• December 20th, 2013 • Posted in All posts, My favourite posts, Story-telling

Film Review GravityI see so many films and read so many books that don’t really touch me and leave no lasting trace at all, but this film really got into me.  For a long time afterwards, I kept coming back to it, turning it over in my mind.  (There’s a clip here if you didn’t see it.)

It’s a pretty rare thing, actually: a satisfying work of art.

But what was so good about it?   The effects of course are wonderful, and space is of course the obvious subject matter for a 3D film, but the plot is almost laughably simple, and, in spite of the realism of those effects, it does require you to accept some fairly chunky implausibilities.   So what made this film so special?

I think the secret lay in what in itself was a very simple and commonplace story-telling move.  Quite early on it’s established the main, and soon to be sole, protagonist, played by Sandra Bullock, has suffered a devastating loss: her own child, dead at the age of four in a freak playground accident.   This isn’t laboured particularly, but the events of the movie provide such a perfect parallel with that experience that it doesn’t have to be.  A shower of debris that no one could have expected suddenly arrives, and the space shuttle which up to now has been an island of air and warmth becomes as empty and barren as the void outside.  The only hope lies in abandoning it altogether and venturing out across the emptiness.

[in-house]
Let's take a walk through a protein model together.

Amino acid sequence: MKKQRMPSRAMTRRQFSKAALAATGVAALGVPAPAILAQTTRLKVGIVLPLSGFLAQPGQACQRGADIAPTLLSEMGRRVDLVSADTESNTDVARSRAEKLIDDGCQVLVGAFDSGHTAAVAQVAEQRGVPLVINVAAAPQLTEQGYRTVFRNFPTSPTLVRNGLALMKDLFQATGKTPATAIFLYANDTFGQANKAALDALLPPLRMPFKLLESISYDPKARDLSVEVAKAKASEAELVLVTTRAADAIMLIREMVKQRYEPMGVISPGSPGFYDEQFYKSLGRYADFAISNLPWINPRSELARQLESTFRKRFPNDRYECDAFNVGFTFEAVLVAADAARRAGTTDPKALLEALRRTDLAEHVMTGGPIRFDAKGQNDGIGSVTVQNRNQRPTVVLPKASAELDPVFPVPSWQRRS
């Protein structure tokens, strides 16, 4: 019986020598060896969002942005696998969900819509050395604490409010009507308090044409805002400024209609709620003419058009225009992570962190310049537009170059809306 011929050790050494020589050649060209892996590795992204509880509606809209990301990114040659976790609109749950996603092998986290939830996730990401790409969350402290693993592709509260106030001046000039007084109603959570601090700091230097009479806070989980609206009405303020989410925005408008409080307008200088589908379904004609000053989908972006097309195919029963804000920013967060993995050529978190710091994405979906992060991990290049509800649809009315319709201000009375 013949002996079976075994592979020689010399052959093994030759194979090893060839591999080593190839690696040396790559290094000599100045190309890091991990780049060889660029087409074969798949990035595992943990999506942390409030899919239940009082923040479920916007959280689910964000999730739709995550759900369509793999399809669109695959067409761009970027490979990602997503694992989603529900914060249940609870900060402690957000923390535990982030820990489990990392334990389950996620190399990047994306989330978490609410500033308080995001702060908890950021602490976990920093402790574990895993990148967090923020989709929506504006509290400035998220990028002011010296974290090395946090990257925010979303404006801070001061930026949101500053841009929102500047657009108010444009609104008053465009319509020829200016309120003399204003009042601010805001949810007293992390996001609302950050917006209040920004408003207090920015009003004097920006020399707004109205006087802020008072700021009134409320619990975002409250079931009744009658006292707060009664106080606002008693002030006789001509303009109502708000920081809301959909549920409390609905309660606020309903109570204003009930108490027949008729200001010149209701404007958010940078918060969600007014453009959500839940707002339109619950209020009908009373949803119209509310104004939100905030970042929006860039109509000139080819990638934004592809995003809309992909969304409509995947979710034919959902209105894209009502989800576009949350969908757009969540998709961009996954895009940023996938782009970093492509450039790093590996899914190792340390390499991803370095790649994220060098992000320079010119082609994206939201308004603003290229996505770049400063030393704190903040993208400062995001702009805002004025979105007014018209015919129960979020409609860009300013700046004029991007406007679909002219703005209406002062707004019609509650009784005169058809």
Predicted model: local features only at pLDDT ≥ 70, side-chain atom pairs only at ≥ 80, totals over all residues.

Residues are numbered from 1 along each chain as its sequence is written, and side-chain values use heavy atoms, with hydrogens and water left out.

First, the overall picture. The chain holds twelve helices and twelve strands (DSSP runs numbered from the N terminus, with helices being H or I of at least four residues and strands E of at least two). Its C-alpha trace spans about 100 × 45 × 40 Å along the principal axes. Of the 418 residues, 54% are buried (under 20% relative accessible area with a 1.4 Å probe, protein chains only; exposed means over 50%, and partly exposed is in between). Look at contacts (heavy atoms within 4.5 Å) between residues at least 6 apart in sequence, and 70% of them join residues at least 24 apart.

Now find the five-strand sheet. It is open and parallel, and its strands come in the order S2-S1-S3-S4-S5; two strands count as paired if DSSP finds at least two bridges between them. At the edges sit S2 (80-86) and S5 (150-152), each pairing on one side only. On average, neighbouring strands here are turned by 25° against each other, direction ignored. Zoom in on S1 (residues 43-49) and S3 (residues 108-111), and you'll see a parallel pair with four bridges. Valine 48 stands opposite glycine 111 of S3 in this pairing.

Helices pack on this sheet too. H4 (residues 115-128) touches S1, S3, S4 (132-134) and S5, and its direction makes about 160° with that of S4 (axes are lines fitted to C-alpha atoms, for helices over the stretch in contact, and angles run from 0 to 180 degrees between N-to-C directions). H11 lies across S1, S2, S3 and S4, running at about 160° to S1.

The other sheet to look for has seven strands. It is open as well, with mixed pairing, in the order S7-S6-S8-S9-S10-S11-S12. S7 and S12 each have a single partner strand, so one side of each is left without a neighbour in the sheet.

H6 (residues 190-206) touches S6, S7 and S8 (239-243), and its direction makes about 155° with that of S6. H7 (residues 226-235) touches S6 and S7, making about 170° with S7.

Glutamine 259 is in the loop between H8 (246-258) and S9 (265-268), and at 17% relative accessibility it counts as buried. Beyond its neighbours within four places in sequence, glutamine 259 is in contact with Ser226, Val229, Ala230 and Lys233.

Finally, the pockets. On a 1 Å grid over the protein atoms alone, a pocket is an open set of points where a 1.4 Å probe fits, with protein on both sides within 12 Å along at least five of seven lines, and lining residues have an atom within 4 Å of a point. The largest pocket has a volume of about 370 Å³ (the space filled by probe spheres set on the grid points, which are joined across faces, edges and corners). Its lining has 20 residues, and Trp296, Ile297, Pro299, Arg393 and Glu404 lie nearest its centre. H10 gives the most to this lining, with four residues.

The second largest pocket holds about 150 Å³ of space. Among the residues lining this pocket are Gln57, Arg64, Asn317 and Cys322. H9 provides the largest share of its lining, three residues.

3D movies achieve the illusion of depth by presenting the same scene from two slightly different angles, and story-telling works like that as well.   You need more than one angle if the thing is to come alive.   Here, the story in front of us and its amazing imagery combine with the story of the woman’s past to create a really wonderful meditation on the precariousness of existence.

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The Darwinian evolution of true stories

• October 7th, 2013 • Posted in All posts, Story-telling